However, the results did indicate that students’ racial and/or sexual identity, disability status, family income, and citizenship status all played a hand in their perceived academic success. This was especially true for those that identified as people of color and/or multiracial, who harbored lower perceptions of their success than those who identified as white.
For Elijah Green, a junior economics major who was a member of the campus climate survey working group, the findings not only confirmed much of what he knew about how other students view their success at IC, but also identified things he didn't realize. Green also serves as a student trustee for the college, and has worked as a resident assistant.
He said the data will hold interesting details or patterns about what sort of programs or policies are working or not working, especially for particular segments of the population who responded to the survey with similar experiences.
"Then you have to say it's not just that individual person; it
may be that we're not providing enough resources or addressing a
problem directly," he said.
Areas of Strength
Overall, there was a positive sense of the atmosphere on campus: 70 percent said they were “very comfortable” or “comfortable” with the overall climate at IC. Inside classrooms specifically, 83 percent of all students and faculty who took the survey were very comfortable or comfortable in their classes.
Similarly, 81 percent of students said they felt valued by IC faculty, while 73 percent said they felt valued by staff at the college.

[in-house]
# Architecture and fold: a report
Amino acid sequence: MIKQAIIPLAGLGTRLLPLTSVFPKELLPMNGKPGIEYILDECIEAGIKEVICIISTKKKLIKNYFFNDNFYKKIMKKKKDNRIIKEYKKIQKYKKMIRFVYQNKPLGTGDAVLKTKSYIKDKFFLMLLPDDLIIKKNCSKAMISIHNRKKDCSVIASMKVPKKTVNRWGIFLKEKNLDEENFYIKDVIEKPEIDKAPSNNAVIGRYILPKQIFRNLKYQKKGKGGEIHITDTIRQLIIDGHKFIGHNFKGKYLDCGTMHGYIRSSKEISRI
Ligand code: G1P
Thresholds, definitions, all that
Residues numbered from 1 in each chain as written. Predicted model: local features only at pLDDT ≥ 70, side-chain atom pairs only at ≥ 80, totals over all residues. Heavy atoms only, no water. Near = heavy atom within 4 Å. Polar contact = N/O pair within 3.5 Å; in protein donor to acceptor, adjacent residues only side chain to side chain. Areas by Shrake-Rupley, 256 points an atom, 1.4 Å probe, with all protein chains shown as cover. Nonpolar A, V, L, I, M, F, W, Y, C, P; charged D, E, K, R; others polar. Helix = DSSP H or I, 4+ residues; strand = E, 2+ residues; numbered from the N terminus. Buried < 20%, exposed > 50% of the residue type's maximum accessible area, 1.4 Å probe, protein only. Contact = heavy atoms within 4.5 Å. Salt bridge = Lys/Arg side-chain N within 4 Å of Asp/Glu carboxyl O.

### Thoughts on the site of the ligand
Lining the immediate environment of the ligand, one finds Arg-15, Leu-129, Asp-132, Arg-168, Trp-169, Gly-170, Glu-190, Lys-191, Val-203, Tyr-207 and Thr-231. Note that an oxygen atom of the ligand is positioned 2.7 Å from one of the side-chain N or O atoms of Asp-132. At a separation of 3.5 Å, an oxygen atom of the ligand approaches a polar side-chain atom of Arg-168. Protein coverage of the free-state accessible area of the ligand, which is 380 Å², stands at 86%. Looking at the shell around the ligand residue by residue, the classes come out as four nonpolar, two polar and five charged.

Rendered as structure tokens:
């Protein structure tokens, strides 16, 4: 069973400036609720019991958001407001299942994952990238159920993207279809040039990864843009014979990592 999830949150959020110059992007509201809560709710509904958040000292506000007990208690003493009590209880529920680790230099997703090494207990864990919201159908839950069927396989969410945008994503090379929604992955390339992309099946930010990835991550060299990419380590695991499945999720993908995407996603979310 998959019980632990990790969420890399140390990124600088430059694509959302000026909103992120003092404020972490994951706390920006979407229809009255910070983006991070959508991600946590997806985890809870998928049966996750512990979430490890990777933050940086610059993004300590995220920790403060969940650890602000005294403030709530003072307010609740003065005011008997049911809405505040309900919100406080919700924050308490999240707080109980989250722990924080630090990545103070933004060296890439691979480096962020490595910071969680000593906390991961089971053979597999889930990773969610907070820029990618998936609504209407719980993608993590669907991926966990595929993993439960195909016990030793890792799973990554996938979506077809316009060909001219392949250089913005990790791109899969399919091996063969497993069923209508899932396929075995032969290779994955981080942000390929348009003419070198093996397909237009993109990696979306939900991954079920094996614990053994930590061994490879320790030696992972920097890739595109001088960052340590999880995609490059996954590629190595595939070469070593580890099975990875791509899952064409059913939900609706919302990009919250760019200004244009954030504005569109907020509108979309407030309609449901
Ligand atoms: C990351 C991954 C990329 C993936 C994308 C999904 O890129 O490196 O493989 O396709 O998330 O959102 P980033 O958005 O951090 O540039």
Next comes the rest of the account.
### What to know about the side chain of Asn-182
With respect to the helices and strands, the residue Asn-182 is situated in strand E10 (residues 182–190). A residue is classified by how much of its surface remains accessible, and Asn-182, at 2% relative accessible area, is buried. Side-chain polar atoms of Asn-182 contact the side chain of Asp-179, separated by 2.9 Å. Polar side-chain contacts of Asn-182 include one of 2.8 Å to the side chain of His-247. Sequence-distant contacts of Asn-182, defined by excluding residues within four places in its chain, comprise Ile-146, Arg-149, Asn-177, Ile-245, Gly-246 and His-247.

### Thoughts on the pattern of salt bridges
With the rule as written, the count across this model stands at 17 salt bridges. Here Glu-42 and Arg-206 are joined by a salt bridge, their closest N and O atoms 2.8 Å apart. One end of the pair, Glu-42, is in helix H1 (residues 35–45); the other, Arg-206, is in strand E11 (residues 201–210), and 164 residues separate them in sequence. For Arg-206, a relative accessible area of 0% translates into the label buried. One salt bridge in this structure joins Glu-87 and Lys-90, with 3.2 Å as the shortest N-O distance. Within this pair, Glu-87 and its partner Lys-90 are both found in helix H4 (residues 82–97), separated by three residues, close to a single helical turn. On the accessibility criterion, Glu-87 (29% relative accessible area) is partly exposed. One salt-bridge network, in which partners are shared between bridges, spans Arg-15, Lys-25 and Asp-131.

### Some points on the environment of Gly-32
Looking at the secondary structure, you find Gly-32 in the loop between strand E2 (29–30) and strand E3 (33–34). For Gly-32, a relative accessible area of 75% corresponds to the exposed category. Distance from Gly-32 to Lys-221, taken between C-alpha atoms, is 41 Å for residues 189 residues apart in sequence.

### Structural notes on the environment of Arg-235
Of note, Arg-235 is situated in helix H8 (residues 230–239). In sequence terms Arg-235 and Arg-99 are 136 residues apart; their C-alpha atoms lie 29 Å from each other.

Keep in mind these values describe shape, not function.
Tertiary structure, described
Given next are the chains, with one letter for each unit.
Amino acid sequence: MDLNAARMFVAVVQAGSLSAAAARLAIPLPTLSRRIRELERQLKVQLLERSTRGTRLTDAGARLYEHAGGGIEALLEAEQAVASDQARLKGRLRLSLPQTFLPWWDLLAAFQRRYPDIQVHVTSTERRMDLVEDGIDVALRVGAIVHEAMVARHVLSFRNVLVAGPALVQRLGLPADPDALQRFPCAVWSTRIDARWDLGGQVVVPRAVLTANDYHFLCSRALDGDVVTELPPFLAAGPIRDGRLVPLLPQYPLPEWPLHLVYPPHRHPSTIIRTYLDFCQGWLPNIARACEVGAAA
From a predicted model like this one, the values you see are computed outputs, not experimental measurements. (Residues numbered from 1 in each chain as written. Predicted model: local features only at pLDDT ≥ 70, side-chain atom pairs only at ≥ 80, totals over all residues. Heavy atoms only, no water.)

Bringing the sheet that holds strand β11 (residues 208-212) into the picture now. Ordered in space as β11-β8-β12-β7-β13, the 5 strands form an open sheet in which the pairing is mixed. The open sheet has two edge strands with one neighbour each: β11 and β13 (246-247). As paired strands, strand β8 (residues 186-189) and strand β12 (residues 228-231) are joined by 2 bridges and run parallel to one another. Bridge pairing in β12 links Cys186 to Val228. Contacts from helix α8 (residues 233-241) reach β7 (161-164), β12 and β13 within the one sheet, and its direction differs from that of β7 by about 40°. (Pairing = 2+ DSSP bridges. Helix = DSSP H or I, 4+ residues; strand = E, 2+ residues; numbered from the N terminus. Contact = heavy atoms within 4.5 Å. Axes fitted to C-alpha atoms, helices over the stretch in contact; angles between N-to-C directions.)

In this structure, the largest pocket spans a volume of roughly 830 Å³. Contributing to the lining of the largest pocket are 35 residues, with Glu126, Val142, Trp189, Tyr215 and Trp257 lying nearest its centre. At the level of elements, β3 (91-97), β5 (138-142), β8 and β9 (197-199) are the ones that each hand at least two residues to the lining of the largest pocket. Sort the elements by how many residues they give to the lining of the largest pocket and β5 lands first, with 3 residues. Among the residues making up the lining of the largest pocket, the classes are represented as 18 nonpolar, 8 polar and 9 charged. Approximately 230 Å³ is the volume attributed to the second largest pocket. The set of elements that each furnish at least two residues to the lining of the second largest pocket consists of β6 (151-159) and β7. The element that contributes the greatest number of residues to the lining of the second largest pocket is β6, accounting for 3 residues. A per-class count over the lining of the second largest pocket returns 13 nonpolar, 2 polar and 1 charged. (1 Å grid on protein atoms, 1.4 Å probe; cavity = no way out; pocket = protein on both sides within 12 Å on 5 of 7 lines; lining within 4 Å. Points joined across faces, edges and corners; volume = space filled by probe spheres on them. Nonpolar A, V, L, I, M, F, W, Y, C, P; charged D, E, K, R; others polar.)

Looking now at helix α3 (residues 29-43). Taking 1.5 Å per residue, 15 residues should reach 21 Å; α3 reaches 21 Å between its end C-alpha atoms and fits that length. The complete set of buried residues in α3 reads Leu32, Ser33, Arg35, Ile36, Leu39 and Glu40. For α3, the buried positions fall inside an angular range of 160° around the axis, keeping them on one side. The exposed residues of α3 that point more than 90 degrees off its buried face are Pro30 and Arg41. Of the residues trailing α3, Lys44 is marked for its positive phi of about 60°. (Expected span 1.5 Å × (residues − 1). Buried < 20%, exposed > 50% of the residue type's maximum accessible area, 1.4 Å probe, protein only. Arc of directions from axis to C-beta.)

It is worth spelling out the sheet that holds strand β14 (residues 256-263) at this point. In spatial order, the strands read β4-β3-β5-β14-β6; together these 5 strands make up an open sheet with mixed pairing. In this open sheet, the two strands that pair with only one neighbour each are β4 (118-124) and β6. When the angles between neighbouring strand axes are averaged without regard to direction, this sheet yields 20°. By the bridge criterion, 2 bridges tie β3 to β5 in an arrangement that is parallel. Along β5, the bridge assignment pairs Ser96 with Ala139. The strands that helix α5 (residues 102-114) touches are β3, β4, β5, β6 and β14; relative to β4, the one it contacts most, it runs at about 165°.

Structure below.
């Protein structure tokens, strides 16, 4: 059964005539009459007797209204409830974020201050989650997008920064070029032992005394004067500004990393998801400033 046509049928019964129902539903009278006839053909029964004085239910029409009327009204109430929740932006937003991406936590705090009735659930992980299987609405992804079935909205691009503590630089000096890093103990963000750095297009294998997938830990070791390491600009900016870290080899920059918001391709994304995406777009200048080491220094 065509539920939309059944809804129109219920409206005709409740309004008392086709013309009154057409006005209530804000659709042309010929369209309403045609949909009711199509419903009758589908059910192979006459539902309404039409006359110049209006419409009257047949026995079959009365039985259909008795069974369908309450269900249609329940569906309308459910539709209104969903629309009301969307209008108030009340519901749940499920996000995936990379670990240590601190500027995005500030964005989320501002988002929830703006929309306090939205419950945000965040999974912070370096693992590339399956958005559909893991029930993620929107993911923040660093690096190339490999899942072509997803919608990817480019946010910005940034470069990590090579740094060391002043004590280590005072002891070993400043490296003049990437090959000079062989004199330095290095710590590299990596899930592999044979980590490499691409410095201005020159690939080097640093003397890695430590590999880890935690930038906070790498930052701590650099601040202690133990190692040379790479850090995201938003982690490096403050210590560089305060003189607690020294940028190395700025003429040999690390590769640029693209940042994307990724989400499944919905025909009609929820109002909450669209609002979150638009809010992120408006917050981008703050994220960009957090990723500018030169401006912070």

A strong majority of faculty who responded felt the work they do as educators was valued by the college as a whole and within their departments; while a similarly robust majority of staff felt their work was valued by the college and within their offices.
Gonzalez said it’s important that so many faculty feel supported. “That means that the campus is doing something right. We do know how to support some people,” she said.
“Now we need to figure out how to support all faculty. If we figured it out for members of majority groups, then we can figure it out for members of marginalized groups.”
On Thursday, May 4 there will be two forums held in the Taughannock Falls Room in the Campus Center. Richardson stressed that these will be opportunities for members of the campus community to come together face-to-face to discuss possible action items as a result of the survey.
“Taking the results of this study and translating the findings into positive action is critical," he said. “The college must take this opportunity to make important changes, offer different resources, and continue the conversation to make this a place where everyone feels like they can belong and thrive.”
Green echoed that statement, and expressed hope that the campus community would keep up their engagement and continue to be involved now that the data from the survey was in. "Now, taking that information and doing something about it is arguably the most important, and it's the hardest," he said.
Suggestions can also be submitted via a form on the Campus Climate Survey website until June 30. Submissions will be reviewed by the leaders of the Climate Study Working Group composed of IC community members. They hope to identify several suggestions which allow immediate action to be taken.